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WSL and Championship to remain in existing formats for 2024-25

The Women’s Super League and Women’s Championship will remain in their existing format for next season.

Nikki Doucet — the chief executive of NewCo, the company set up to run professional women’s football in England — confirmed the news, adding that the Continental Cup will run again in the 2024-25 season.

A possible enlargement of the WSL, which has expanded three times since its inception in 2011, has been the subject of public discourse in recent years.

Chelsea manager Emma Hayes called for the league to be expanded to “16 or 18” teams in October but Doucet refused to be drawn on NewCo’s plans.

“I think that’s something we’ll look at,” she added, “and I wouldn’t comment on that today.”

The football calendar and lack of rest time it affords has been a point of discussion amid the extensive list of long-term injuries in the women’s game, with England captain Leah Williamson recently calling it “unsustainable”.

Doucet noted players’ concerns when discussing any potential expanded schedule.

“The players are definitely saying we’re at capacity,” she added. “That’s a question for the future. Right now we need to focus on the foundation and what’s working. Not just what’s working but how to make that better. If we set up the right decision-making processes and what that looks like, it then makes sense to all stakeholders and all parties.”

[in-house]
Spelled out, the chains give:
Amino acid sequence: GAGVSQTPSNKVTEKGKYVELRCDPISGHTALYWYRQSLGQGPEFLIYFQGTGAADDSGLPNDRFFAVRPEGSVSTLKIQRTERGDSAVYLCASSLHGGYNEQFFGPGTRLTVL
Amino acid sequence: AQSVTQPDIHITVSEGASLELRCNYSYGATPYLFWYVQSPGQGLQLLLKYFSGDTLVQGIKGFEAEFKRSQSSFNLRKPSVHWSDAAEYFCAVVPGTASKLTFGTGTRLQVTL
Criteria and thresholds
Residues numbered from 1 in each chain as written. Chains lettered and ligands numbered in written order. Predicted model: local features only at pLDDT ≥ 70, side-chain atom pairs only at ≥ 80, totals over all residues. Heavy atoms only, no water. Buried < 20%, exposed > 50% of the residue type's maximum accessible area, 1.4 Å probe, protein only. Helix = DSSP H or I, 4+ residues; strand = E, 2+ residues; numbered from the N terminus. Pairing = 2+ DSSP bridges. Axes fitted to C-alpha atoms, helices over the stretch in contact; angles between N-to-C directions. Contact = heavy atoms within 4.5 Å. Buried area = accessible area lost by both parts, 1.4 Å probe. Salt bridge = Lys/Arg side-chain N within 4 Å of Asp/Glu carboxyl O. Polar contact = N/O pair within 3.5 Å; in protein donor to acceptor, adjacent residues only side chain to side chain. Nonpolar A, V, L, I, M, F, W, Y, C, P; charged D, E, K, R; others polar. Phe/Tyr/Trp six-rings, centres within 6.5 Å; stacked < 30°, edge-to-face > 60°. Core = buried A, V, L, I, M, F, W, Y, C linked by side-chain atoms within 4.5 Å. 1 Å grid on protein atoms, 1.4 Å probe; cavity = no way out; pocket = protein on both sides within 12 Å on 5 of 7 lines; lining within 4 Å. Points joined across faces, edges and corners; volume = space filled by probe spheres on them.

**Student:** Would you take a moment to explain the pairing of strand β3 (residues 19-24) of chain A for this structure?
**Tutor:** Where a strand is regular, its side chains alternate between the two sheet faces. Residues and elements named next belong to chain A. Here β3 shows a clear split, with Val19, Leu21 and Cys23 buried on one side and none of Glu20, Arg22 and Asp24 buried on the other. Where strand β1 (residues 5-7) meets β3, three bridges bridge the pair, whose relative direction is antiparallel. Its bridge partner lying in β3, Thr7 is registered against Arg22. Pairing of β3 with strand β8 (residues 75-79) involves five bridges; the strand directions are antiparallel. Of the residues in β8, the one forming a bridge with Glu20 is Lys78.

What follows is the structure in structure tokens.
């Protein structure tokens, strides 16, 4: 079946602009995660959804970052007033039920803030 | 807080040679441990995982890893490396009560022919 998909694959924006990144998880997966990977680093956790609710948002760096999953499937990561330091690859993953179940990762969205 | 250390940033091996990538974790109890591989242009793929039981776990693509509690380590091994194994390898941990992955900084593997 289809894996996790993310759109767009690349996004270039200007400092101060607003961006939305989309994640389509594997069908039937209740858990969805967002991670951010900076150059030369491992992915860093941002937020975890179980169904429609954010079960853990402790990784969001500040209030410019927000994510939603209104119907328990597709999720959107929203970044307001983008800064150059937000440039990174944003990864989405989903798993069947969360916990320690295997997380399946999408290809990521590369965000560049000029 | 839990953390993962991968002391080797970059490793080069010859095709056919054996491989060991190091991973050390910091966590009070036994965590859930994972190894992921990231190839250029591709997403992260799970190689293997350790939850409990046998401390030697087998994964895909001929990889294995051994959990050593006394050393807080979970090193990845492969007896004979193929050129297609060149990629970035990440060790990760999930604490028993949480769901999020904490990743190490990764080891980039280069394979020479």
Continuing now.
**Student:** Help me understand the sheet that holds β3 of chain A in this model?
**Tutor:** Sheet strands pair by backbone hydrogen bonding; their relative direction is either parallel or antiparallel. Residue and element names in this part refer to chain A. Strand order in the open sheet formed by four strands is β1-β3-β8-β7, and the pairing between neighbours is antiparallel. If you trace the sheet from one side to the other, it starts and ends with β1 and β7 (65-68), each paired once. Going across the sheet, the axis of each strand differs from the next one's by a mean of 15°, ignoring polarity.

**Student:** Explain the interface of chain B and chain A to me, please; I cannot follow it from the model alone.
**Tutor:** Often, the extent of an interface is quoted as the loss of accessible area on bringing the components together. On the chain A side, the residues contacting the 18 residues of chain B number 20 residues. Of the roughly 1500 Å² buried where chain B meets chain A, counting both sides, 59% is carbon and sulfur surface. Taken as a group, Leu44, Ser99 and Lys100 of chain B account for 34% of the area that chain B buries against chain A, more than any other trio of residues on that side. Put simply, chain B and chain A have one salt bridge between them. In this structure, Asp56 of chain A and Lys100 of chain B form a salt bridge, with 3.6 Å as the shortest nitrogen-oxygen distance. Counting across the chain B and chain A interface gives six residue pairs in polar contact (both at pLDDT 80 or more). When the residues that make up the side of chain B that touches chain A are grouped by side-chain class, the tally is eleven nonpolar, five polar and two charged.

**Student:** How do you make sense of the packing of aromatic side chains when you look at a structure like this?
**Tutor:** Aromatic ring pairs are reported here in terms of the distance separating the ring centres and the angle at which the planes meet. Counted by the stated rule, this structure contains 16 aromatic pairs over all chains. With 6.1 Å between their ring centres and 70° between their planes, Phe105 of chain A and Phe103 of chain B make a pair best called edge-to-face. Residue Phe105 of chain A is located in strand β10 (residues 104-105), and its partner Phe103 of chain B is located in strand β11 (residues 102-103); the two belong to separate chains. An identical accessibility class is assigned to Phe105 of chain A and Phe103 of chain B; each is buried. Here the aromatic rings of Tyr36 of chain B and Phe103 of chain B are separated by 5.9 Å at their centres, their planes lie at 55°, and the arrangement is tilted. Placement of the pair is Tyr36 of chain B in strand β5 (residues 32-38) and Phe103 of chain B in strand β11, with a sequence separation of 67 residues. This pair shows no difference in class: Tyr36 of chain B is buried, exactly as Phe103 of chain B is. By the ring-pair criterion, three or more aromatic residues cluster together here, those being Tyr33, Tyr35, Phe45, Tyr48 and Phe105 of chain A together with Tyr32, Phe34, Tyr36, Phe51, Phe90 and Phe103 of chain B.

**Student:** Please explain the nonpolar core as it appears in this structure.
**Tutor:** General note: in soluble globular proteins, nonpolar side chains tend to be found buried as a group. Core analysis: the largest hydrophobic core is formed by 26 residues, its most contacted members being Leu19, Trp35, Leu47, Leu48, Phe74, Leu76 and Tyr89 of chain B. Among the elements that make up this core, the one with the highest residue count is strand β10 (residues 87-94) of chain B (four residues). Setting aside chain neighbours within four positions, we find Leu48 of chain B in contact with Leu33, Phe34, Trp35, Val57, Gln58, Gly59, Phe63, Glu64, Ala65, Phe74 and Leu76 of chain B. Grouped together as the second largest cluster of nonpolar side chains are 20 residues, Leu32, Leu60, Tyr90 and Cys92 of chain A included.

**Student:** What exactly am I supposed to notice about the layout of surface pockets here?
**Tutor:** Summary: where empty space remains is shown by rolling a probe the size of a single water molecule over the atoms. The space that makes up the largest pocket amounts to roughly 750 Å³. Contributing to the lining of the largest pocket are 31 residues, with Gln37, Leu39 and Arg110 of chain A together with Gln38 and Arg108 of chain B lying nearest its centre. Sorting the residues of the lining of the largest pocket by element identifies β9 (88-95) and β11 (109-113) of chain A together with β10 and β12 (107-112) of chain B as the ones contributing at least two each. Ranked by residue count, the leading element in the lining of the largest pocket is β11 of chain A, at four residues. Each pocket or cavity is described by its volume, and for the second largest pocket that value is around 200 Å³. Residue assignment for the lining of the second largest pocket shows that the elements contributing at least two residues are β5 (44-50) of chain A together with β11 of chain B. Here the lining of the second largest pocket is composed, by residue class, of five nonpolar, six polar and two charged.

Hayes, a contributor to Karen Carney’s review into the future of domestic women’s football, has also spoken about how the English game should remain “open” to the possibility of a closed league.

“I’ve worked in (a franchise league) in the United States,” Hayes said last year. “I like the idea of relegation and promotion from a traditional perspective but it doesn’t mean we should be hamstrung by it.

“We should be open about it. I’ve seen the successes of promoting franchise-type leagues and the consistency that can be placed in running it.

“The Women’s National Basketball Association (WNBA) is a great example. We should be open to everything. Everything shouldn’t always be compared to something that is either traditional or just because of the men’s game. We should have an openness about reflecting on the pluses and minuses.”

But Doucet appeared to shut the door on NewCo implementing a closed league like the National Women’s Soccer League (NWSL) in the U.S.

“We’re (for) promotion and relegation,” Doucet said.

“100 per cent (we support the protection of the pyramid). That’s part of the proposal of NewCo and what all 24 clubs signed up for, so it’s not a closed league.”

Doucet was appointed NewCo chief executive in November and the plan is for the independent company to take over the running of the WSL and Championship from the FA for the start of next season. That is despite a split between WSL and Championship sides on NewCo’s proposals in November, which was then resolved later that month.

(Catherine Ivill/Getty Images)

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